Rais­ing taxes won’t solve bud­get deficit

The Aurora (Labrador City) - - EDITORIAL - Mor­ley Whitt St. John’s

When any gov­ern­ment has an enor­mous an­nual bud­get deficit, there are three ba­sic op­tions for solv­ing the prob­lem. The op­tions are: raise taxes, re­duce spend­ing or bor­row. A fourth, un­ac­cept­able op­tion would be de­fault. Un­for­tu­nately, that would de­stroy trust and con­fi­dence in gov­ern­ment.

Most peo­ple as­sume that the third op­tion, bor­row­ing, is ac­cept­able for small debts but a large deficit over a long time is dam­ag­ing to the economy.

The main bud­get de­bate is usu­ally be­tween op­tions one and two — raise taxes or re­duce spend­ing. Re­duced spend­ing of­ten re­sults in pub­lic-sec­tor job loss.

Was the op­tion to in­crease taxes, cho­sen by the New­found­land and Labrador gov­ern­ment, the best choice? Do more taxes re­ally in­crease rev­enue enough to fix gov­ern­ment bud­get deficits? Un­doubt­edly there will be an in­crease in rev­enue as a re­sult of the tax in­crease dur­ing the first year. How­ever the fol­low­ing years will see a re­duc­tion in that in­crease be­cause of changes in the mul­ti­plier ef­fect as a re­sult of that tax in­crease.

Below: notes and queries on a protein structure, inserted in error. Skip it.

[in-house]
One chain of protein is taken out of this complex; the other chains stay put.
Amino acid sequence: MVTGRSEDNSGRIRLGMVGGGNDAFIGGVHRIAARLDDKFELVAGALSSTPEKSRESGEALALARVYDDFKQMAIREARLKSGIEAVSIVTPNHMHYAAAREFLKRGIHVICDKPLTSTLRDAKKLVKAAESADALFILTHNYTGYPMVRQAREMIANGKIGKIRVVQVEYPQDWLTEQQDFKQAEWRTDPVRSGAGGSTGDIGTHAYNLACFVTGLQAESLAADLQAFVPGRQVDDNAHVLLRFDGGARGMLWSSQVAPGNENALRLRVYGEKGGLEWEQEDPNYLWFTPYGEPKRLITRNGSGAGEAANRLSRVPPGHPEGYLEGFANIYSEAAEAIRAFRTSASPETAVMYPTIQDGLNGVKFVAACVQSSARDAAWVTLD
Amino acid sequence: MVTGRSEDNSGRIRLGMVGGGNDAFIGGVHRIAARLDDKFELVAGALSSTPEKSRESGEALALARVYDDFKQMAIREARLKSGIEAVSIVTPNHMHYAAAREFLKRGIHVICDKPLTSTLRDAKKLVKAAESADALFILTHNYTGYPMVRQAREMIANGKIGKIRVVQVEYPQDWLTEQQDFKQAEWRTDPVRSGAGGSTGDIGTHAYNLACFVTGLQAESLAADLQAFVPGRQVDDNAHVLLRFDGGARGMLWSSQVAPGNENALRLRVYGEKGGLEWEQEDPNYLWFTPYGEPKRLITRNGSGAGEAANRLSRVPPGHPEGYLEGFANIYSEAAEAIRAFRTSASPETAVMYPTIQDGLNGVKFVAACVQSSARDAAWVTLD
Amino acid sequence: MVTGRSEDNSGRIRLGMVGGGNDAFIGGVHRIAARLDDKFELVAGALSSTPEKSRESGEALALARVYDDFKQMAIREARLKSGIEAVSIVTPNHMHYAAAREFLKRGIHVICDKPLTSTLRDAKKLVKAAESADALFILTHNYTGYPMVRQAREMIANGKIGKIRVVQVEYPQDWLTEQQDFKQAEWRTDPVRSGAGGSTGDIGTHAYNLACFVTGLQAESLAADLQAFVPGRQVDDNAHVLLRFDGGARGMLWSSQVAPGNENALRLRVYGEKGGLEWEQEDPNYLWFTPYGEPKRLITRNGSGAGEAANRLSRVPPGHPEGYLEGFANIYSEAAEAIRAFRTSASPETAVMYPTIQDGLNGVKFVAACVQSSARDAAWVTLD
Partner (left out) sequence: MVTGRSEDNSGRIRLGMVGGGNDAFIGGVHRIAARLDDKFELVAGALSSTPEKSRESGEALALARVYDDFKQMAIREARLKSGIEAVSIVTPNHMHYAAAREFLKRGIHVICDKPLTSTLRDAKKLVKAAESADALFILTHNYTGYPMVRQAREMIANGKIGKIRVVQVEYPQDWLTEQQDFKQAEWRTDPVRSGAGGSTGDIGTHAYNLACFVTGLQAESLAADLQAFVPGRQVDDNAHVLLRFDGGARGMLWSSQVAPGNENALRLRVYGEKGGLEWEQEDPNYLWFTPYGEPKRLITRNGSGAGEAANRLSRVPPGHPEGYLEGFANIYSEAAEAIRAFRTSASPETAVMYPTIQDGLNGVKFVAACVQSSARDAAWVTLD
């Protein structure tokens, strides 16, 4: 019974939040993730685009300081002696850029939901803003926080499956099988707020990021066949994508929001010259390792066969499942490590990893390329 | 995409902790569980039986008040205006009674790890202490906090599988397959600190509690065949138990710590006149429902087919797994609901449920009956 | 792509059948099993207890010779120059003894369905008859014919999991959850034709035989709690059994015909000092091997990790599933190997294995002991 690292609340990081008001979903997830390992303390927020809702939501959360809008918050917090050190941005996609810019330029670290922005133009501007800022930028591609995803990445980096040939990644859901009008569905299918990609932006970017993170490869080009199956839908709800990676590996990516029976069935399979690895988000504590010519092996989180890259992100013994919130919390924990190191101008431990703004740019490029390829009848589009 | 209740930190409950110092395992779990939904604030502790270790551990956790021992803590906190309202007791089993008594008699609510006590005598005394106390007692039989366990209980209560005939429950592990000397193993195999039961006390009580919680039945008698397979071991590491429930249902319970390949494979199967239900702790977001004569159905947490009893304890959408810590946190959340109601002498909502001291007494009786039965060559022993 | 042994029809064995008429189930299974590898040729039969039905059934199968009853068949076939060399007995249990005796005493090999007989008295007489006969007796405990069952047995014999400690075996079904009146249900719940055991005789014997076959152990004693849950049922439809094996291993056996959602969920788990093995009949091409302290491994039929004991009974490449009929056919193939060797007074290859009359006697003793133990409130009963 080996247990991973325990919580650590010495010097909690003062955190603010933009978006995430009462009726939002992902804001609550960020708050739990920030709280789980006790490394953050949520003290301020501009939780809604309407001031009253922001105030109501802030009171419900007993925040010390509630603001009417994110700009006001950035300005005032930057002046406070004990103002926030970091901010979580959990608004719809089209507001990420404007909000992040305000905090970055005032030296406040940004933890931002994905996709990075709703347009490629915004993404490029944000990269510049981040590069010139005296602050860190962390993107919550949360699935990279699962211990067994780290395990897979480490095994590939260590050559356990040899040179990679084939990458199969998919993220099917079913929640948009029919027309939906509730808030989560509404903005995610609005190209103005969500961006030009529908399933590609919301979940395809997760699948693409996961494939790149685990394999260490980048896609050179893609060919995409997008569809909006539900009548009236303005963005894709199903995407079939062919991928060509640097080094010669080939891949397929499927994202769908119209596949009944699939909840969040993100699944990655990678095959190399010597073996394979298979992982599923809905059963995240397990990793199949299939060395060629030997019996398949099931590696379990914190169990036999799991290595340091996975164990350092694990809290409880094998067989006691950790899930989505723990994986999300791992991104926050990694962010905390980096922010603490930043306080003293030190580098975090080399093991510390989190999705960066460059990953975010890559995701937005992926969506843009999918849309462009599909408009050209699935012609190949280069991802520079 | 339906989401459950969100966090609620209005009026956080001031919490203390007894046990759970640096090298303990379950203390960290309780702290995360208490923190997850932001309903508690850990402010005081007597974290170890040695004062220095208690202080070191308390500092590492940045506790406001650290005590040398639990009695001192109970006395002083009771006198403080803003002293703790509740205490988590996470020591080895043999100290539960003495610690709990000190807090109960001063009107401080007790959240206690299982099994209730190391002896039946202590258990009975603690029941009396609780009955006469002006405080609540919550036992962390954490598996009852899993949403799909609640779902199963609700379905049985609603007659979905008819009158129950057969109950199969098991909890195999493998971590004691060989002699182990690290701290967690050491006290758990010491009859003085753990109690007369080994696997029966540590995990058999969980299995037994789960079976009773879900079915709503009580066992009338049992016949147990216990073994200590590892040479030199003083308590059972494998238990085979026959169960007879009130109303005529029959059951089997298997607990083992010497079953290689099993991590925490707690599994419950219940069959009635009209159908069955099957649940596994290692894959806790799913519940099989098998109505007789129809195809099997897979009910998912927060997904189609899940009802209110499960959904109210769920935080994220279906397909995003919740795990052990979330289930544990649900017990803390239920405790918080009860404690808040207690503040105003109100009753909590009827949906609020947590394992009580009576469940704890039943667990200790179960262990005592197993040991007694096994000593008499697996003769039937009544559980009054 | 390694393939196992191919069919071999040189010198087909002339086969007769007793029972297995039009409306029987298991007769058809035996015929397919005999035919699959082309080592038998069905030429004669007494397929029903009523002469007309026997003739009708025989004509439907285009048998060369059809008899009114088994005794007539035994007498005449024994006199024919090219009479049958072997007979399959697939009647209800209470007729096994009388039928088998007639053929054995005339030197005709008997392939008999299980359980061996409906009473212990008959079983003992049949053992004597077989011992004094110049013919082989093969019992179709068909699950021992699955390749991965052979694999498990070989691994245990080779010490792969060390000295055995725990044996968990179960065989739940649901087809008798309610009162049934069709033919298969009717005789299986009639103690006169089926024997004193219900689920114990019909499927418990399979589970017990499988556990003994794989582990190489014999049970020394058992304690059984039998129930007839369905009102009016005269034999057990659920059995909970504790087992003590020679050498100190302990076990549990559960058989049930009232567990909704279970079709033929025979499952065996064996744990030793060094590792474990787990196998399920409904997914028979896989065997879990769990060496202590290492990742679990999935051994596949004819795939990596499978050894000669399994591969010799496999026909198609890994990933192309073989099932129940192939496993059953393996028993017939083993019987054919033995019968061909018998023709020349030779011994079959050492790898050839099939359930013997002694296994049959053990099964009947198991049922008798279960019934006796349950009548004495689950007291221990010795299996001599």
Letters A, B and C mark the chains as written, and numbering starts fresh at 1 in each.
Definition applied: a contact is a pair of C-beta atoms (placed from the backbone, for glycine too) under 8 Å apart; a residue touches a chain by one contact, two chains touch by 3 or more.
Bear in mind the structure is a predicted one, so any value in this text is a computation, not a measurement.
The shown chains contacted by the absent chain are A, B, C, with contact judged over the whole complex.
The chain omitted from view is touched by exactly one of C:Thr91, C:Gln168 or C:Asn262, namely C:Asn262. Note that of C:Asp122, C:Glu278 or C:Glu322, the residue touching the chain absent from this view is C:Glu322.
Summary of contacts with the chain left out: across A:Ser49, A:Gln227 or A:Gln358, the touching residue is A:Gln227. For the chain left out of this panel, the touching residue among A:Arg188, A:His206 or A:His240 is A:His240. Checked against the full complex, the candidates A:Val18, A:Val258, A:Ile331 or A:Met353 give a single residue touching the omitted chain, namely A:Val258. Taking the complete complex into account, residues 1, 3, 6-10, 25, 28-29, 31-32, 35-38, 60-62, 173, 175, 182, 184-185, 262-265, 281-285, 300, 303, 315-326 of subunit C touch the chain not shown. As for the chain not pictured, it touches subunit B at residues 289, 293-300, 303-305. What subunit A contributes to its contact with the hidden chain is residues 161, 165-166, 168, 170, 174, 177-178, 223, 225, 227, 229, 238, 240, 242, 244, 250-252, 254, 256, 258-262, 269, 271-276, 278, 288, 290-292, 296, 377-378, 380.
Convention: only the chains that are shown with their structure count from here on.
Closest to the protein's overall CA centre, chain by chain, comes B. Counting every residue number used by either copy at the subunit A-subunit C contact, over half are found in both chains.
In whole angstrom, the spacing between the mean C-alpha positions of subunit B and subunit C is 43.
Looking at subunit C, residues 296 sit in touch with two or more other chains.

The “mul­ti­plier ef­fect” refers to the por­tion of a dol­lar of wages or salary that moves around the larger economy, sup­port­ing pri­vate sec­tor jobs. To un­der­stand the mul­ti­plier ef­fect, we need to look at the vari­ables used to con­struct the con­cept mul­ti­plier ef­fect. Three of the vari­ables which help de­ter­mine the value of the mul­ti­plier ef­fect are: the net in­come em­ploy­ees have to use for dis­cre­tionary spend­ing, busi­nesses growth and the num­ber of pri­vate sec­tor jobs they cre­ate.

When gov­ern­ments in­crease taxes there is a neg­a­tive im­pact on these three vari­ables that weak­ens the mul­ti­plier ef­fect. Be­cause gov­ern­ment re­moves more money from the work­ers, the work­ers have less dis­pos­able in­come to spend and dis­trib­ute through the larger economy. They have less money to spend on hous­ing, food, cars, ga­so­line and other items. Fewer companies can op­er­ate when there is less money mov­ing through the economy. Busi­nesses close and there is a re­duc­tion in pri­vate-sec­tor jobs. Gov­ern­ment in­come from busi­ness tax will de­crease and the in­come tax col­lected by gov­ern­ment will de­crease be­cause of pri­vate­sec­tor job loss. The re­sult is that the in­crease in gov­ern­ment rev­enue will be less than what was ex­pected be­cause of the re­duced value of the mul­ti­plier ef­fect. At the same time, gov­ern­ment ex­penses do not de­crease.

The wide gap in the pro­vin­cial gov­ern­ment bud­get can­not be fixed with at­tempts to in­crease in­come by in­creas­ing taxes alone. It will dam­age the lo­cal economy and cre­ate con­tin­u­ing prob­lems for the pro­vin­cial bud­get. Re­duc­ing ex­penses in the bud­get is nec­es­sary. It is the un­avoid­able so­lu­tion if we wish to avoid larger loans and op­tion four — de­fault.

Newspapers in English

Newspapers from Canada

© PressReader. All rights reserved.